4 out of 5 on Google Reviews

8 Ways to Prevent Smoke from Filling Up Your Room After Buying a Fireplace

1.   Read your Fireplace Manual!

Many people fail to do this. You can use your manual to learn how to clean and maintain your fireplace. It might teach you the best ways to use your fireplace, so it burns well and produces the least amount of smoke. It might also inform you about the best accessories to use with your fireplace, so you get the most out of it. If you don’t have your manual, you can find the manual’s website by searching for the fireplace model, brand, or name.

Some of the most common causes of smoke backfilling into the house stem from a lack of experience from the homeowner. People can make simple mistakes that can cause large plumes of smoke to fill the house from the fireplace. These mistakes can be avoided quite easily. All a person needs to do is think a few steps ahead and be ok. 

Common mistakes can be avoided by keeping these tips in mind:

  • Ensure that the smoke has a place to go and will not backfill the home
  • Know the capabilities of the chimney and do not start fires too fast
  • Ensure that proper precautions have been taken to limit the amount of smoke that could enter the home

The flue must be opened all the ways. Even a partial obstruction could result in tons of smoke filling the house. People often overlook this step, mainly when they have used the fireplace recently with no issues. It is possible that the flue could have shifted since it was last used. It takes less than a minute to take care of this concern. Do it. 

A huge reason that smoke comes back into the house is the process of back-drafting. This can occur when the homeowner fails to warm the air within the chimney before starting a fire. On freezing days, a homeowner hoping to make a fire should light a small piece of wood or a rag and hold it in the fireplace as the heat climbs.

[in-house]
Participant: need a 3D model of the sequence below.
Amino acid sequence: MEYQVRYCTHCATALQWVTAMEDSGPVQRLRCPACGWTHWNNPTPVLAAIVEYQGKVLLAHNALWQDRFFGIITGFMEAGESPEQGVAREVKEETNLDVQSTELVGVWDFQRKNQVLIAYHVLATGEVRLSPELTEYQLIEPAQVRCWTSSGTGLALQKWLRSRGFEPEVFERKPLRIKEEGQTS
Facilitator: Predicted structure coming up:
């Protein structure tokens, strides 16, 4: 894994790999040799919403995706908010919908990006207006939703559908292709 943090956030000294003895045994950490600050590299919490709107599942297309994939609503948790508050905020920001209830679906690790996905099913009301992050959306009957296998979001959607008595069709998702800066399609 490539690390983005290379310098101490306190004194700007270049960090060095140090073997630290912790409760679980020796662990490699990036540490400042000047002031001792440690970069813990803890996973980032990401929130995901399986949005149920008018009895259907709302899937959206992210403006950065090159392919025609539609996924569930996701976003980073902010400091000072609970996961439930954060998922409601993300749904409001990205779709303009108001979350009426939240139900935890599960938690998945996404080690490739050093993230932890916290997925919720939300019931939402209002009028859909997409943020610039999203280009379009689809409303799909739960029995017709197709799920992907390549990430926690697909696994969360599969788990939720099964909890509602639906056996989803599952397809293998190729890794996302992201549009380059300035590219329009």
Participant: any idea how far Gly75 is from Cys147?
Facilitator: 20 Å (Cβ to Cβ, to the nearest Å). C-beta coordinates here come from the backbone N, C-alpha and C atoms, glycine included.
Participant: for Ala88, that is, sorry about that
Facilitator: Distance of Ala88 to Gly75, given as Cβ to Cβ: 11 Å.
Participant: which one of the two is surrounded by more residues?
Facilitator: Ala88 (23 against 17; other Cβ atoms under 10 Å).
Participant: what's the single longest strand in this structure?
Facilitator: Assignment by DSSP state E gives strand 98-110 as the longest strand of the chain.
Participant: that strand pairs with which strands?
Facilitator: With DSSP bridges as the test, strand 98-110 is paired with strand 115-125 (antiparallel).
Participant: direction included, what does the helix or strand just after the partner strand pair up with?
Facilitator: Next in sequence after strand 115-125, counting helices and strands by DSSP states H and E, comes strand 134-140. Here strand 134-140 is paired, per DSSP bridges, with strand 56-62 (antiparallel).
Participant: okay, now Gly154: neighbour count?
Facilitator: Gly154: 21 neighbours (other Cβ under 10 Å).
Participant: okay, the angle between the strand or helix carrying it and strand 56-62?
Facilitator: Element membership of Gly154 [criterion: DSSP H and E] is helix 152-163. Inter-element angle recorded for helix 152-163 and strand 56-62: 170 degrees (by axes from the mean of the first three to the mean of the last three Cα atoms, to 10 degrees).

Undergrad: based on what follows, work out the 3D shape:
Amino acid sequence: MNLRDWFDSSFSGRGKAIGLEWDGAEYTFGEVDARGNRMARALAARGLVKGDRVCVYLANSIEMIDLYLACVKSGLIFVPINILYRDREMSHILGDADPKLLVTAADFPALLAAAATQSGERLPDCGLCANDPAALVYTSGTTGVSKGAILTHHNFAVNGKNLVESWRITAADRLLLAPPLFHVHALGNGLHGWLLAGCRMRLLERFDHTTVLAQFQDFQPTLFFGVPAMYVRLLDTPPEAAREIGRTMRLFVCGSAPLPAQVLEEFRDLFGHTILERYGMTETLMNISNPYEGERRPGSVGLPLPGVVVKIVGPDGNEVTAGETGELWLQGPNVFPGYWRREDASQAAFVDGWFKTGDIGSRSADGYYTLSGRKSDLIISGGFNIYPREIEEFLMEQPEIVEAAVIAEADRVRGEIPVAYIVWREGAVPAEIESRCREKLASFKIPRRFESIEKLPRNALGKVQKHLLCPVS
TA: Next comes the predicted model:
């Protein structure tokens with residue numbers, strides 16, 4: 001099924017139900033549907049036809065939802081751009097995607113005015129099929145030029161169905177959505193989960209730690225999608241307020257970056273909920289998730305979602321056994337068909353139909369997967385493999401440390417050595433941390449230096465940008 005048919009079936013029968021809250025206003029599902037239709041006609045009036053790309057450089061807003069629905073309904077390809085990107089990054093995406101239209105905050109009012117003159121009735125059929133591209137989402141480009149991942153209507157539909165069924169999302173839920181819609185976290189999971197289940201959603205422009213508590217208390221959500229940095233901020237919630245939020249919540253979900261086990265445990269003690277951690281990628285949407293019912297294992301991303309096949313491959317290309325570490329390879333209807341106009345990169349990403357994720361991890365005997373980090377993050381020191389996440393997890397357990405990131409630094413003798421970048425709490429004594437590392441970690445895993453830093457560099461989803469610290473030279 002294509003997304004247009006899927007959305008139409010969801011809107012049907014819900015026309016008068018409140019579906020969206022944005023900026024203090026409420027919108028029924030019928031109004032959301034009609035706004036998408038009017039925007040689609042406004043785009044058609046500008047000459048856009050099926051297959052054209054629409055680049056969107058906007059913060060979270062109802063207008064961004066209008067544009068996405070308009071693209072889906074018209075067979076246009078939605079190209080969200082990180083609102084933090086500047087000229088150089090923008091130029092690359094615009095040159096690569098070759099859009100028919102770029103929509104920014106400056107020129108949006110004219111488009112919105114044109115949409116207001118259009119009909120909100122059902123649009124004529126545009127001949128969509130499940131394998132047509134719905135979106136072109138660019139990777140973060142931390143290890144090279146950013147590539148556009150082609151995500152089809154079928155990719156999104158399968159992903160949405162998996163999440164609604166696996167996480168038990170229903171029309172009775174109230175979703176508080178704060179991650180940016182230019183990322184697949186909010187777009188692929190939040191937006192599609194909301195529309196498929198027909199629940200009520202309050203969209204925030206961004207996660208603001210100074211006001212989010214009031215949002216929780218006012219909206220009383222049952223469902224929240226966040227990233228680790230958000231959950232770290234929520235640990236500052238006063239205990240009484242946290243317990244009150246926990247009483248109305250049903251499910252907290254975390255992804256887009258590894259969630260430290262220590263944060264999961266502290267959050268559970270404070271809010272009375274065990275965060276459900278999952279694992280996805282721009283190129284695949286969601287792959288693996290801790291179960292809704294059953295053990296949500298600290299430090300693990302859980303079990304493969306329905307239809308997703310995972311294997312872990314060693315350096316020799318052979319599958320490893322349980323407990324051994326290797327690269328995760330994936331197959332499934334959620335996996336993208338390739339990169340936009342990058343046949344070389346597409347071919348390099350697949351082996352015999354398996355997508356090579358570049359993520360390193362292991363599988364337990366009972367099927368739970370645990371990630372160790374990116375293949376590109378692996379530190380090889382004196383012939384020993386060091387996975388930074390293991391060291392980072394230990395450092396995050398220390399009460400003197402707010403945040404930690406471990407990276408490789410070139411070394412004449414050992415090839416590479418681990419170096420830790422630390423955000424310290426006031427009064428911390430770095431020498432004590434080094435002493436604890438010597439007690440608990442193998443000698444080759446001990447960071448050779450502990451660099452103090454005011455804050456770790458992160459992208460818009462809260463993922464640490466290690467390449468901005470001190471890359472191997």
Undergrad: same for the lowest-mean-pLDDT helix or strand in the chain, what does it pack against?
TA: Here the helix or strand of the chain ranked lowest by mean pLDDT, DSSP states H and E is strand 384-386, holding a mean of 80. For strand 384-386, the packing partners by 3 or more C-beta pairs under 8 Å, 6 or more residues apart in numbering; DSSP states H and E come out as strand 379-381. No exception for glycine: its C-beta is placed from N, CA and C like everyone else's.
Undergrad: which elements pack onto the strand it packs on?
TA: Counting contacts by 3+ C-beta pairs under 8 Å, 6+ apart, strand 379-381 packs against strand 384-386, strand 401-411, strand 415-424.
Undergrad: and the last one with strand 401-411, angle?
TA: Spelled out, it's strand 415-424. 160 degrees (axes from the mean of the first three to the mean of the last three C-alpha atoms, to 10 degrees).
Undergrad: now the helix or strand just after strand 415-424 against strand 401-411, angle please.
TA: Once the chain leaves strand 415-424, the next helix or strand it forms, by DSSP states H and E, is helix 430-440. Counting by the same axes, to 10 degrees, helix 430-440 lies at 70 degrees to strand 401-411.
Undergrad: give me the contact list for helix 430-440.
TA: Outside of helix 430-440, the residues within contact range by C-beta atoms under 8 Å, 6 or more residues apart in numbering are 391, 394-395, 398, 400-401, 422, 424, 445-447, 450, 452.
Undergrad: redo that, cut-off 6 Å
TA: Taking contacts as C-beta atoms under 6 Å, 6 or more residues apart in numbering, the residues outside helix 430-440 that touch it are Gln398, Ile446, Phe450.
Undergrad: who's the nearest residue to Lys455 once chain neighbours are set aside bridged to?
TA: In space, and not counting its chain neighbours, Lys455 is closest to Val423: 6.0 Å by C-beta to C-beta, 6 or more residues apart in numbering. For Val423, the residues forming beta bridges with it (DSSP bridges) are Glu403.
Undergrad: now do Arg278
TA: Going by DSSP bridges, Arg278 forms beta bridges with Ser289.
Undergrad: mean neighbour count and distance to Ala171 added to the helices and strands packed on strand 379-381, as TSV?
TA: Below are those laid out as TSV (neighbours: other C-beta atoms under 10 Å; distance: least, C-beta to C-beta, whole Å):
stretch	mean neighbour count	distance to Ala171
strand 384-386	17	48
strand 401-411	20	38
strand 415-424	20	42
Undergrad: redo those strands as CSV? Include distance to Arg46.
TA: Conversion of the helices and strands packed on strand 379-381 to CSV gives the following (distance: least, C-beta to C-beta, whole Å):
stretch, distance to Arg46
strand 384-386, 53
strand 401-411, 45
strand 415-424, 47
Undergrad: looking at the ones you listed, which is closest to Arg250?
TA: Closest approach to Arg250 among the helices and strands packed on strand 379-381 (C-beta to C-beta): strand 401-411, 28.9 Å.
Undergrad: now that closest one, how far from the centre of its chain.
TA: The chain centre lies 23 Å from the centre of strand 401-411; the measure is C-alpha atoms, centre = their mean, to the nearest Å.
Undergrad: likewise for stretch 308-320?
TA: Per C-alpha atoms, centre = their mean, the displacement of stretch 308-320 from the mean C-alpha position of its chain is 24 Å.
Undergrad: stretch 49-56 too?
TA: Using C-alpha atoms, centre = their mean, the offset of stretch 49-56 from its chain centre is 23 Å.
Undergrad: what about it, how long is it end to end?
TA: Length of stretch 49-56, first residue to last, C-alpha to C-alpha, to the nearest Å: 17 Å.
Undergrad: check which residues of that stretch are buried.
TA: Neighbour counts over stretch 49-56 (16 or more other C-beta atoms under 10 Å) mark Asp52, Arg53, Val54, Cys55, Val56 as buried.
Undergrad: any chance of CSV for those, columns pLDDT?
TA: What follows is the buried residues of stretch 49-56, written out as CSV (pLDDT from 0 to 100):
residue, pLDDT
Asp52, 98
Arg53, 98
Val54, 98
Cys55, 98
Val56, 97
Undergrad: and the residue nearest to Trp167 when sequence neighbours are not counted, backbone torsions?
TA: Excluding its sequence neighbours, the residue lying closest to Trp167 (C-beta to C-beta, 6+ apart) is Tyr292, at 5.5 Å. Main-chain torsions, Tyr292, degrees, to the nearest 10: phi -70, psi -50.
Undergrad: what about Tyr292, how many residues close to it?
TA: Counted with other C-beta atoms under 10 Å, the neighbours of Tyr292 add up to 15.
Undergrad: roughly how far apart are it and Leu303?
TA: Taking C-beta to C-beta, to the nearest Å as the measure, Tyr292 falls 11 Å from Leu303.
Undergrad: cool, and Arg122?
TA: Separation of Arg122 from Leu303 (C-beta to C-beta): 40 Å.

People need to take the time to do these little things right. By ensuring that the flue is adequately opened and that the chimney has had a chance to warm up, the homeowner is going the extra distance to ensure that their home will not fill up with smoke. It will save a world of trouble down the road and probably takes five minutes altogether.

2.   Install a quality carbon monoxide detector

You should have one in your home, especially if you have a fireplace. Carbon monoxide is an invisible, odourless gas that can kill you. It can be produced by your fireplace, even if the fire is small. When the fireplace is burning, the CO levels can increase in your home. You can install a CO detector near the fireplace or in the home. If you have small children or older adults living in your home, you should have a CO detector near the fireplace.

3.   Have windows and doors open when you burn anything

You should always have open windows and doors when you burn anything in your fireplace. Burning logs, Wood, or anything else produces a lot of smoke. This smoke can quickly build up in your room, filling it with smoke. The smoke can easily escape if the windows and doors open. When you have the windows and doors open, make sure you have a fan blowing the smoke outside, so it doesn’t end up in other parts of your house.

4.   Add an exhaust fan to your chimney

An exhaust fan helps your fireplace produce less smoke while burning. An exhaust fan can be installed inside your chimney, near the fireplace. If you have an old fireplace, you can buy an inexpensive fireplace insert, which is a perfect place to install the exhaust fan. When you have an exhaust fan, it will help draw smoke out of your house and send it up the chimney. This will help prevent smoke from building up in your home when you’re burning fire and is a must-have for any homeowner with an open fireplace.

5.   Select the right Wood

The first-place people go wrong when making a fire for the fireplace is by selecting the wrong wood. Selecting the suitable Wood can reduce the amount of smoke you have to deal with. The wood they use should be something that is not gummy like pine, and it should be scorched. Many types of Wood produce less smoke than others, like cedar, maple, oak, and birch. Using wood not up to a certain standard will create loads of smoke that will backfill the house. This should be avoided.

The three most effective wood types to use in the fireplace for the best results are:

  • Properly aged, dry oak that is free of dirt and debris
  • Maple oak that has had time to dry and hold no troublesome moisture 
  • Birch wood with the bark on will look great in the fireplace